Earlier this week, the Star ran an article on crime rates by neighborhood in Kansas City.
According to the article, 83% of the city's 240 neighborhoods have seen a decline in crime, led by two newly popular urban areas in the downtown loop and the Crossroads. Here's a link to the hard data.
Even my own neighborhood showed significant declines (which I have, by the way, noticed just from living here).
The reasons for the decreases are varied. Some areas, such as Brookside, Hyde Park and Ward Parkway have hired off-duty police officers for extra patrol. In some area, neighborhood advocates have stepped up their own patrol.
I think it's no coincidence that several of the neighborhoods that have seen major decreases in crime have done so at a time when the population of those areas has increased pretty dramatically. Nothing seems to breed crime like empty buildings and houses, and low foot-traffic on the streets. Drug dealers, gang members, prostitutes, etc don't much care for people watching them carry on their business. So they hide out. Empty homes and buildings become huge havens for these people. People walking on their dogs on the streets, sitting on their front porches and playing catch on their front lawns become deterrents for crime. No one wants to be watched.
For this reason, I think the city should work harder at "infilling" older neighborhoods with residential by offering incentives for people who buy, fix up, and inhabit older homes in KC's older neighborhoods -- particularly on the East Side. Many neighborhoods on the east side will have 30-50% of their housing stock sitting empty. This leads to a lot of places to hide out for criminals. It has fewer neighbors walking up and down the streets, playing in the yards, and sitting on the front porches. There are a lot of places to hide. Providing incentives for people to move into these existing homes -- many of which are quite large and need a lot of money in repairs -- would be huge for solving crime problems in many of these neighborhoods. Offering tax breaks for people in these neighborhoods (encouraging those who live there now to own, vs rent from slumlords) would be a good start. Offering tax credits to people who invest money in fixing up the home. would also be nice.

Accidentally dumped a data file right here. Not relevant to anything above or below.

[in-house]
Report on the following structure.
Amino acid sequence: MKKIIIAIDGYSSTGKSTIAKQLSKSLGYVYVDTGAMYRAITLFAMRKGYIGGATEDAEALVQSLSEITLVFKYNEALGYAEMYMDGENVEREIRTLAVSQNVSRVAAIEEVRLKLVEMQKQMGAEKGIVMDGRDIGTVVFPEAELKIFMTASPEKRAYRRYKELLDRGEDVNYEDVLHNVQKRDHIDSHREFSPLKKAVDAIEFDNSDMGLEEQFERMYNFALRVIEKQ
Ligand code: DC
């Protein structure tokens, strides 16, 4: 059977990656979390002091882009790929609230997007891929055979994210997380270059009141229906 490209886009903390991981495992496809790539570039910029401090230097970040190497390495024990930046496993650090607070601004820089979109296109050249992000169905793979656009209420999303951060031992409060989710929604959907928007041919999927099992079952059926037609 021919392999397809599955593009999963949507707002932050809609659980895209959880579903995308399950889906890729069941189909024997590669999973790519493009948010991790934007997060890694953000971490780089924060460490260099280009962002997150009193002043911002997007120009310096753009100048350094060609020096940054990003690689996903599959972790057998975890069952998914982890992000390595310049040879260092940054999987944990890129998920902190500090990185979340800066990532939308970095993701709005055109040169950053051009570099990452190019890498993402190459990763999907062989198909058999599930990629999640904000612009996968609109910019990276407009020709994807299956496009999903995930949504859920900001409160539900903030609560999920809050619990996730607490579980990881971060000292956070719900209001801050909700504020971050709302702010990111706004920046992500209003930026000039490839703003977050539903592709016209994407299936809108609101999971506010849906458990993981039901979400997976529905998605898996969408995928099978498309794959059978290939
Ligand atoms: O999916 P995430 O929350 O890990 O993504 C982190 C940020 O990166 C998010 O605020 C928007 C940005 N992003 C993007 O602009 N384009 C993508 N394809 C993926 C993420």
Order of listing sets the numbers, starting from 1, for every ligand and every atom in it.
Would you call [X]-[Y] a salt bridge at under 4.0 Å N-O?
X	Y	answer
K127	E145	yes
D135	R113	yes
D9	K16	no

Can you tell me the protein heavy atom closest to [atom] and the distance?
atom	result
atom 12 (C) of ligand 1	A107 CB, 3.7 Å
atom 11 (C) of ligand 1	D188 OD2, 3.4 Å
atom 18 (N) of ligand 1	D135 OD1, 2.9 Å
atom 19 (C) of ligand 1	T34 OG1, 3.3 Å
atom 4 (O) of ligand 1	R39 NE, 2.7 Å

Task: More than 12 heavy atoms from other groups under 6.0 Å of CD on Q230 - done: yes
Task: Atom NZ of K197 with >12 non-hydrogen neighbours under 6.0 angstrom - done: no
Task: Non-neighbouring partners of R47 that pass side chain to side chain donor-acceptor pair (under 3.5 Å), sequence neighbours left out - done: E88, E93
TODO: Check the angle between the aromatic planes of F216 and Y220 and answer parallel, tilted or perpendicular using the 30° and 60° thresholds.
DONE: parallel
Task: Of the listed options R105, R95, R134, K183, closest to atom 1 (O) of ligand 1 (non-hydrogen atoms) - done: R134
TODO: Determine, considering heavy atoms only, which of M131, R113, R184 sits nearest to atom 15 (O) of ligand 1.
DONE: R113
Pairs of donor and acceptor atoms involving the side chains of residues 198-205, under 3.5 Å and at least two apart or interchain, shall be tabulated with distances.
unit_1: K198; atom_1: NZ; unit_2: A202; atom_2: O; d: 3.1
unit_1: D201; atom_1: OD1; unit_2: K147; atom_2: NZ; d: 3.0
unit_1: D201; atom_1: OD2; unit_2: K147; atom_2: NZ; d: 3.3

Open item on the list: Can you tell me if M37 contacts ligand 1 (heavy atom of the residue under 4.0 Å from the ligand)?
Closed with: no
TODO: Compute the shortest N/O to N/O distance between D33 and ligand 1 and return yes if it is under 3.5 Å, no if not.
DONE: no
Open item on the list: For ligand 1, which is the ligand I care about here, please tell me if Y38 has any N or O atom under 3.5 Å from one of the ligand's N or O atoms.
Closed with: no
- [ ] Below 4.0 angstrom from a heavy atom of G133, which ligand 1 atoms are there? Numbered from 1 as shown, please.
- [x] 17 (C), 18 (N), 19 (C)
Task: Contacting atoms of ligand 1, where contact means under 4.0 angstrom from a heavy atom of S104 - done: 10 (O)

We're not talking about multi-million dollar projects here. We're talking about a series of small, several thousand dollar projects that would make a world of difference in these older neighborhoods, instead of continuing to offer tax incentives for people to build in our ever-sprawling suburban areas and the northland.
It just takes a little common sense...and a little willingness to work to let the "little people" have a hand in development...